The normalization of relations between Israel and two Arab states, the United Arab Emirates and Bahrain, is, on the face of it, a good and beneficial development. The Trump administration deserves credit for brokering it. It has long been an anomaly in Middle Eastern affairs that Arab nations felt compelled to publicly treat Israel as a pariah in their midst, while many of them — including the U.A.E. and Bahrain — pursued all sorts of economic and security links with Israel.
Yet the notion, put forward by one conservative Norwegian lawmaker, that President Trump or the Israeli prime minister, Benjamin Netanyahu, deserves a Nobel Peace Prize for what they are calling the “Abraham Accords” is far-fetched, and not just because of their political records or reputations.
Past Nobel laureates who have been honored for advancing peace in the Middle East — Yasir Arafat, Yitzhak Rabin, Shimon Peres, Anwar el-Sadat, Menachem Begin — have not been saints. But their actions required courageously overcoming deep hatreds and ending painful hostilities, for which two of the laureates, Mr. Sadat, then the Egyptian president, and Mr. Rabin, then prime minister of Israel, paid with their lives. By contrast, Israel, Bahrain and the United Arab Emirates have never been in conflict, and the normalization of their ties carried few risks for any of them, while heaping considerable political benefits on Mr. Trump and Mr. Netanyahu.
The agreements, moreover, made only a perfunctory nod to what “Middle East peace” has long referred to: peace between Palestinians and Israelis. The Palestinians, in fact, were not warned in advance that the Emirates was hatching a deal with Israel and the United States, although the catalyst for it was Mr. Netanyahu’s threat to annex much of the West Bank. The threat of annexation had the potential of inflaming Arab citizens. To forestall it, the U.A.E. reportedly turned to the Trump administration with the idea of normalizing relations in exchange for Israel suspending its annexation plans. Bahrain, a tiny kingdom closely tied to Saudi Arabia, followed suit. Oman and Sudan could be next.
The annexation threat was not the only ulterior motive in the agreements. Israel, Saudi Arabia and the Emirates — and the Trump administration — are united in their hostility to Iran. Also, the U.A.E. evidently expected to benefit from the deal by finally being allowed to buy advanced F-35 stealth fighter jets from the United States, though that possibility has sounded alarms in Israel. For Mr. Netanyahu, the normalization provided a political boost at a time when he is facing sharp criticism for his handling of the coronavirus pandemic and a corruption trial, while Mr. Trump welcomed the news during his re-election campaign.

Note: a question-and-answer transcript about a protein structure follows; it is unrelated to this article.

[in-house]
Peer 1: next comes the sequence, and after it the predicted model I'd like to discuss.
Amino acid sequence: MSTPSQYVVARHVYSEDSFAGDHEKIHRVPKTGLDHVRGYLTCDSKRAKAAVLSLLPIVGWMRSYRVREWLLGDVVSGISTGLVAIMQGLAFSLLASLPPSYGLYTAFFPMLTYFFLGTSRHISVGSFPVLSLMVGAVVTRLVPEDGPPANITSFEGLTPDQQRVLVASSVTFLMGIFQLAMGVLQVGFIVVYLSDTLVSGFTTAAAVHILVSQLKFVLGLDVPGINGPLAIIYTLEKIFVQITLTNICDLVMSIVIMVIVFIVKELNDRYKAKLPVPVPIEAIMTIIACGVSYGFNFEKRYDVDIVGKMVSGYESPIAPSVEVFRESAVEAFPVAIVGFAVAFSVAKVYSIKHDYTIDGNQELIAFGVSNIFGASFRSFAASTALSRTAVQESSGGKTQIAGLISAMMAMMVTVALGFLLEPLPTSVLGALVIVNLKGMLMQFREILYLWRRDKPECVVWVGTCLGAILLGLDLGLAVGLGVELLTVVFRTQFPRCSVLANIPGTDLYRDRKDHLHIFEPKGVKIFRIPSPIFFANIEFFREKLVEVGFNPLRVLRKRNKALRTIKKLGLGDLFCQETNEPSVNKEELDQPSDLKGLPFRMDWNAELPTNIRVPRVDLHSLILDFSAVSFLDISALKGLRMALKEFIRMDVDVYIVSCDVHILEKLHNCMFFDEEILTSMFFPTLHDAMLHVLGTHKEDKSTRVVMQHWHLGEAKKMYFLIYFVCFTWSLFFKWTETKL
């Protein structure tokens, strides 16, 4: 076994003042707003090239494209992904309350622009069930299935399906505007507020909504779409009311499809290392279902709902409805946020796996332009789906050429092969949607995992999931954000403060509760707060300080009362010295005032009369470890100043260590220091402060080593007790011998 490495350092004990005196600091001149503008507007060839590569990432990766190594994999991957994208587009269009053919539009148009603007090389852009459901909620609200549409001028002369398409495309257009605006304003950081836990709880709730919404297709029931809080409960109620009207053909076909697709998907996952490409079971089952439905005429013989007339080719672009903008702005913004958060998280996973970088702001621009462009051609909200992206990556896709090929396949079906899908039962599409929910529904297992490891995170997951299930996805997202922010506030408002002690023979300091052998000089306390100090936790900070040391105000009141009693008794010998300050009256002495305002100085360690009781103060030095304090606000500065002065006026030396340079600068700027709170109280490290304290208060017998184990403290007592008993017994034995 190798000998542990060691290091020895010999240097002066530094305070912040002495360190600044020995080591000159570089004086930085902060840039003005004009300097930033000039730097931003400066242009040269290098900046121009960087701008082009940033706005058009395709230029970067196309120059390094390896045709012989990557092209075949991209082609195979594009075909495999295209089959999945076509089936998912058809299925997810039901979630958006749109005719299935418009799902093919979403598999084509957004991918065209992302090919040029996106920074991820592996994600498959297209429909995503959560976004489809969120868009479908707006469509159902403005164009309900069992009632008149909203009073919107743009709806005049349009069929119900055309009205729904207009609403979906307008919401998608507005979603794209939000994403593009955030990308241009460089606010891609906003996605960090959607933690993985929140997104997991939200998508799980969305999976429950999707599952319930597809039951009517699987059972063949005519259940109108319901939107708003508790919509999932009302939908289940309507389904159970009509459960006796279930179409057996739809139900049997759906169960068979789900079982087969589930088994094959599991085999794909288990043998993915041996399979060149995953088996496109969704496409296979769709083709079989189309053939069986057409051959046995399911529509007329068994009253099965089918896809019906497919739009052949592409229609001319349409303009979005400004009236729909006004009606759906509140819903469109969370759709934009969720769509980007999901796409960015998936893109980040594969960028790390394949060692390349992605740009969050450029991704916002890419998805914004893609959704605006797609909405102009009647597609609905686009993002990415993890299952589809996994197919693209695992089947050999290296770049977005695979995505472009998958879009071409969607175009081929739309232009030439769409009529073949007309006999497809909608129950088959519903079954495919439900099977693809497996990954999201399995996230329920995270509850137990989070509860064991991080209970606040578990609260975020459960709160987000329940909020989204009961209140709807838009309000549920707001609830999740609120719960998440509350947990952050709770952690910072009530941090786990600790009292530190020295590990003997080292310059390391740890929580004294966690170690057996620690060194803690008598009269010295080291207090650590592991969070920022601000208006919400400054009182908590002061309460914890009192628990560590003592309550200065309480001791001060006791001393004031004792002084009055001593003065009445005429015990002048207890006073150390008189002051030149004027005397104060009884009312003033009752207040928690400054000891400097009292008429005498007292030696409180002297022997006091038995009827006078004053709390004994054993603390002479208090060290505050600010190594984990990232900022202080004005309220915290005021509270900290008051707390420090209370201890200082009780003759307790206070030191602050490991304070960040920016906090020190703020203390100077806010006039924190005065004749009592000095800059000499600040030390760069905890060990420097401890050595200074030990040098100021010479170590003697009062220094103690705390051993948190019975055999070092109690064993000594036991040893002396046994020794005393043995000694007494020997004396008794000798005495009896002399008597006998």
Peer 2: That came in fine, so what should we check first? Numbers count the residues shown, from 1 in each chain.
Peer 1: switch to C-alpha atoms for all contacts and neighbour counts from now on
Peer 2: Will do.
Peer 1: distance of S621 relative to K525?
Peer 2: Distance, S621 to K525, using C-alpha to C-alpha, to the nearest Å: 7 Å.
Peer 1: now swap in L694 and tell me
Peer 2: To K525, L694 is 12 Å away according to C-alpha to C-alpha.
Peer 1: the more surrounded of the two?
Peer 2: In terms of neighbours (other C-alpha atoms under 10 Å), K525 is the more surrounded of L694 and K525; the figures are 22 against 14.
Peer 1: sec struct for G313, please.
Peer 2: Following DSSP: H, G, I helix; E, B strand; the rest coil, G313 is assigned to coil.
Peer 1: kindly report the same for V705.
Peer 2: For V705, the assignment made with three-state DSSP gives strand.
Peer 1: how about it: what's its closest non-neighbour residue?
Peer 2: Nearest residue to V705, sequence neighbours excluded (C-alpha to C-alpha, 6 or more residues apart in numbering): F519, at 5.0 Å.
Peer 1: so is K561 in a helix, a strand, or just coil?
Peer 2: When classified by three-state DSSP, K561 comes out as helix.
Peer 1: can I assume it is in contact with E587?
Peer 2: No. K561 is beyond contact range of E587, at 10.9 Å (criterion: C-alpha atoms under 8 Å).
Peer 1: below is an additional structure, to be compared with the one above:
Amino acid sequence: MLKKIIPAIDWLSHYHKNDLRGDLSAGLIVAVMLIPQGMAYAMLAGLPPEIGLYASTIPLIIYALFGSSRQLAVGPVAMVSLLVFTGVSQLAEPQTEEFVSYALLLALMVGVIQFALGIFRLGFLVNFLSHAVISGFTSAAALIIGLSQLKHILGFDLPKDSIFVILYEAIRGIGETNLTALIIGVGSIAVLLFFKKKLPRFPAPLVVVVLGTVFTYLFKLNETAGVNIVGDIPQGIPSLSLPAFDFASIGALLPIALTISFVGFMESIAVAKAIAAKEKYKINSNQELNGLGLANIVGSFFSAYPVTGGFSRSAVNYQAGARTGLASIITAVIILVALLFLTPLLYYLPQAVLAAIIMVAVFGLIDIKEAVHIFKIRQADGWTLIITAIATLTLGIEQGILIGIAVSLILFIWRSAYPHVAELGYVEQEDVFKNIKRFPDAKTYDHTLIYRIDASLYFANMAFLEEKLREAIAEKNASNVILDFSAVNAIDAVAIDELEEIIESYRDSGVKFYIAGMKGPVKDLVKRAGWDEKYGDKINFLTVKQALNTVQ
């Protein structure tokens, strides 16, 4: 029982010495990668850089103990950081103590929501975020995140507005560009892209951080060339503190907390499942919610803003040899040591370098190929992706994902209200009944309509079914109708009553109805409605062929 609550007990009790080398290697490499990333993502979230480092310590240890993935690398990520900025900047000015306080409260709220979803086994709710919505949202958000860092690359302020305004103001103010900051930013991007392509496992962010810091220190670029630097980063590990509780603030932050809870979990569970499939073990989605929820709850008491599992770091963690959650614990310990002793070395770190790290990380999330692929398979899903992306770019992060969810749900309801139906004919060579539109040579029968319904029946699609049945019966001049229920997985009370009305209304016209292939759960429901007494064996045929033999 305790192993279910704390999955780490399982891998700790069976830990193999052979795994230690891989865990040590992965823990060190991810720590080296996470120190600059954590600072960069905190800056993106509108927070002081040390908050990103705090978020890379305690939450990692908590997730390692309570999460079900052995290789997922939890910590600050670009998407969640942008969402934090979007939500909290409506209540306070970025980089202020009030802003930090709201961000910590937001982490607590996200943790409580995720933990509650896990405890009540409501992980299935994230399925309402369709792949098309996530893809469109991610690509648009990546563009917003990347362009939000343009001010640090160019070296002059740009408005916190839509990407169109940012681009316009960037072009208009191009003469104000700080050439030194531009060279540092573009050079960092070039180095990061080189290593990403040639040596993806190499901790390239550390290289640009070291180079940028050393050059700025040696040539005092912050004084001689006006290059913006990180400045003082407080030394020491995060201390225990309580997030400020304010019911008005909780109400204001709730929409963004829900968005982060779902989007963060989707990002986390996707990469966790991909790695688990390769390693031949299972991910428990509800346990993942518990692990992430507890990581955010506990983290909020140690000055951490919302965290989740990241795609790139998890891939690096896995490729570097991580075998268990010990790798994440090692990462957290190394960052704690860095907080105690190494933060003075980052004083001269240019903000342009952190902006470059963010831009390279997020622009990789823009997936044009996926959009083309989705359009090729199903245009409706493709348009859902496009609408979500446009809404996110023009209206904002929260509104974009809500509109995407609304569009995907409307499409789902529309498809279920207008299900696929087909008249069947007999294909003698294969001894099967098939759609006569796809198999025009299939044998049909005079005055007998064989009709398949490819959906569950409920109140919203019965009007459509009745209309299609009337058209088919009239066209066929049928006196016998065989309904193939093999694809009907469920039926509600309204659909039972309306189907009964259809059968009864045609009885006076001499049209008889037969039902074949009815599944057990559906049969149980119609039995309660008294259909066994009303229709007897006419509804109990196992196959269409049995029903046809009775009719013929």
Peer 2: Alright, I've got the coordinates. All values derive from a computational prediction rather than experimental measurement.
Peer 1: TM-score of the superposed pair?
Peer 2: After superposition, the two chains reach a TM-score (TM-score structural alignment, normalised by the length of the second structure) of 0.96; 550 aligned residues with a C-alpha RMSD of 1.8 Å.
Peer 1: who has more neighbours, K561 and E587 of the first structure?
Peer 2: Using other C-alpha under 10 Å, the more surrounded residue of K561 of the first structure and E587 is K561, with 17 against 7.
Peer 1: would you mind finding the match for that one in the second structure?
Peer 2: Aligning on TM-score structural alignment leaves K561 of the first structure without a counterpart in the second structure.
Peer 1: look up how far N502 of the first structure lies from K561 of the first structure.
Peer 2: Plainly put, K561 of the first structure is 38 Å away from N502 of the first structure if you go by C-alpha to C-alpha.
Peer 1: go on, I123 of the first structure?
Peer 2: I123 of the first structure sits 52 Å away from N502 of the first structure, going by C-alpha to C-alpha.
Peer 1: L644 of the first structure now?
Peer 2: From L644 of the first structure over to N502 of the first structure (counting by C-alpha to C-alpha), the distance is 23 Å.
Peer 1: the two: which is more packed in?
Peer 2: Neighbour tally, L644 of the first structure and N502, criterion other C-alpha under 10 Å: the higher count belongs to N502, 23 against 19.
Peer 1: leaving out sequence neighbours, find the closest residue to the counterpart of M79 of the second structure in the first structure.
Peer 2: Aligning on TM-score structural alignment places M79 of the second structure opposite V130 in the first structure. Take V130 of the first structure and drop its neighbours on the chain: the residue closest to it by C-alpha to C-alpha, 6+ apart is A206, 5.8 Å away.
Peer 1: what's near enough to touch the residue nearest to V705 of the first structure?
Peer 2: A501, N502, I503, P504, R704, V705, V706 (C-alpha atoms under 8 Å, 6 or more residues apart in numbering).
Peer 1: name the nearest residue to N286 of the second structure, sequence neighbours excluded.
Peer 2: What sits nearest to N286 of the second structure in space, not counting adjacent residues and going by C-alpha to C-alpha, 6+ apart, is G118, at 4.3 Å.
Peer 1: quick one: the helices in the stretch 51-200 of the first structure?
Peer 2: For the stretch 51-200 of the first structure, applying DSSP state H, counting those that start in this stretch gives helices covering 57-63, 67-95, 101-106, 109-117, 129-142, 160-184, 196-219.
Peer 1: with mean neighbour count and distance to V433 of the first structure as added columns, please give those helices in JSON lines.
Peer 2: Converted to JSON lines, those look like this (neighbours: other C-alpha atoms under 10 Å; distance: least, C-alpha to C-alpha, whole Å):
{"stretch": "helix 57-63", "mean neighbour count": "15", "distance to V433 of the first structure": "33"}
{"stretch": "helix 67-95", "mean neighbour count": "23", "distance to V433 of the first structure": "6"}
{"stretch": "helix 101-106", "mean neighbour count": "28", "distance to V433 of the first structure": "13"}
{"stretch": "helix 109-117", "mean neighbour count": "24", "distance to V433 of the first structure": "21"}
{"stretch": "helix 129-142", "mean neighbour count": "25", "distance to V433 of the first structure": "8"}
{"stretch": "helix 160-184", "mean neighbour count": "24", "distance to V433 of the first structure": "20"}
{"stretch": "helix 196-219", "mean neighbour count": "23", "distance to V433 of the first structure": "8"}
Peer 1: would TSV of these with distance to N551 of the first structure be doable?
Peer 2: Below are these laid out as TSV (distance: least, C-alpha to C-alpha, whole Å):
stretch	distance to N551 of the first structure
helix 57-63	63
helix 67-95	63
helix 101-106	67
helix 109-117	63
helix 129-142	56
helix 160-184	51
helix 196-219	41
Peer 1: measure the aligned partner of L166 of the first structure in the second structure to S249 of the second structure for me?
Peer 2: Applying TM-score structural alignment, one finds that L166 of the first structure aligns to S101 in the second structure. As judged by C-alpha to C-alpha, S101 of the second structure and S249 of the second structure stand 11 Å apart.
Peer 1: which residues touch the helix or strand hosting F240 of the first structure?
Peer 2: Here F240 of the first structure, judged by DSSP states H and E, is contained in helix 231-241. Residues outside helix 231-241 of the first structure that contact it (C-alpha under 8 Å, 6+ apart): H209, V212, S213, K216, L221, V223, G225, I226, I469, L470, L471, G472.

Ulterior motives and national interests are inherent elements in politics and international relations, and even if Mr. Trump’s primary lieutenant for the Middle East, his son-in-law, Jared Kushner, did not initiate the normalization agreements, he deserves credit for spotting their value and bringing them to fruition. By contrast, Mr. Kushner’s own peace plan for the Israeli-Palestinian conflict, unveiled in January amid great hoopla, was so tilted to conservative Israeli positions that it was rejected out of hand by Palestinians and effectively eliminated the administration as a mediator in the conflict.
The signing ceremony in Washington on Tuesday demonstrated that the Palestinians have lost their veto power over Arab-Israeli relations. The time when the “inalienable rights of the Palestinian people” was the dominant mobilizing call of the Arab world appears to be over, a fact underscored by the Palestine Liberation Organization in a statement calling the signing ceremony “a black day in the history of the people of Palestine.”
Decades without any substantive progress, combined with growing frustration in many Arab capitals over the corrupt and demanding Palestinian leadership, had steadily pushed the Palestinians to the background in a region more concerned with Sunni-Shiite feuds, a drop in oil prices, conflicts in Syria, Iraq and Yemen and sharp reductions in the American military presence. Israel’s technological and military prowess, in the meantime, gained in allure.
In this process, the Abraham Accords were something of a reality check, a confirmation of a Middle East landscape that had radically changed since the Oslo Accords were signed at the White House in 1993. That El Al flights could now fly openly to Abu Dhabi provides tangible evidence of a Middle East in which Israel was a serious and even welcome player rather than an outcast and enemy. That is a breakthrough, and long overdue.
But a true Middle East peace deal will require an accommodation with the 4.75 million Palestinians in the West Bank and Gaza, a people who have been denied a homeland for more than seven decades. Their plight will continue to draw sympathy and censure from around the world, and their frustration will continue to fuel violence. The two-state solution remains the only viable alternative to either the current state of affairs, or a single country in which Jews are a minority.
The Abraham Accords offered no movement on this front, save the hope that an Israel at peace with the greater Arab world will eventually be more amenable to a just peace with its immediate neighbors. That would justify Mr. Netanyahu’s triumphal talk achieving “peace for peace.” For now, “normalization” will suffice.
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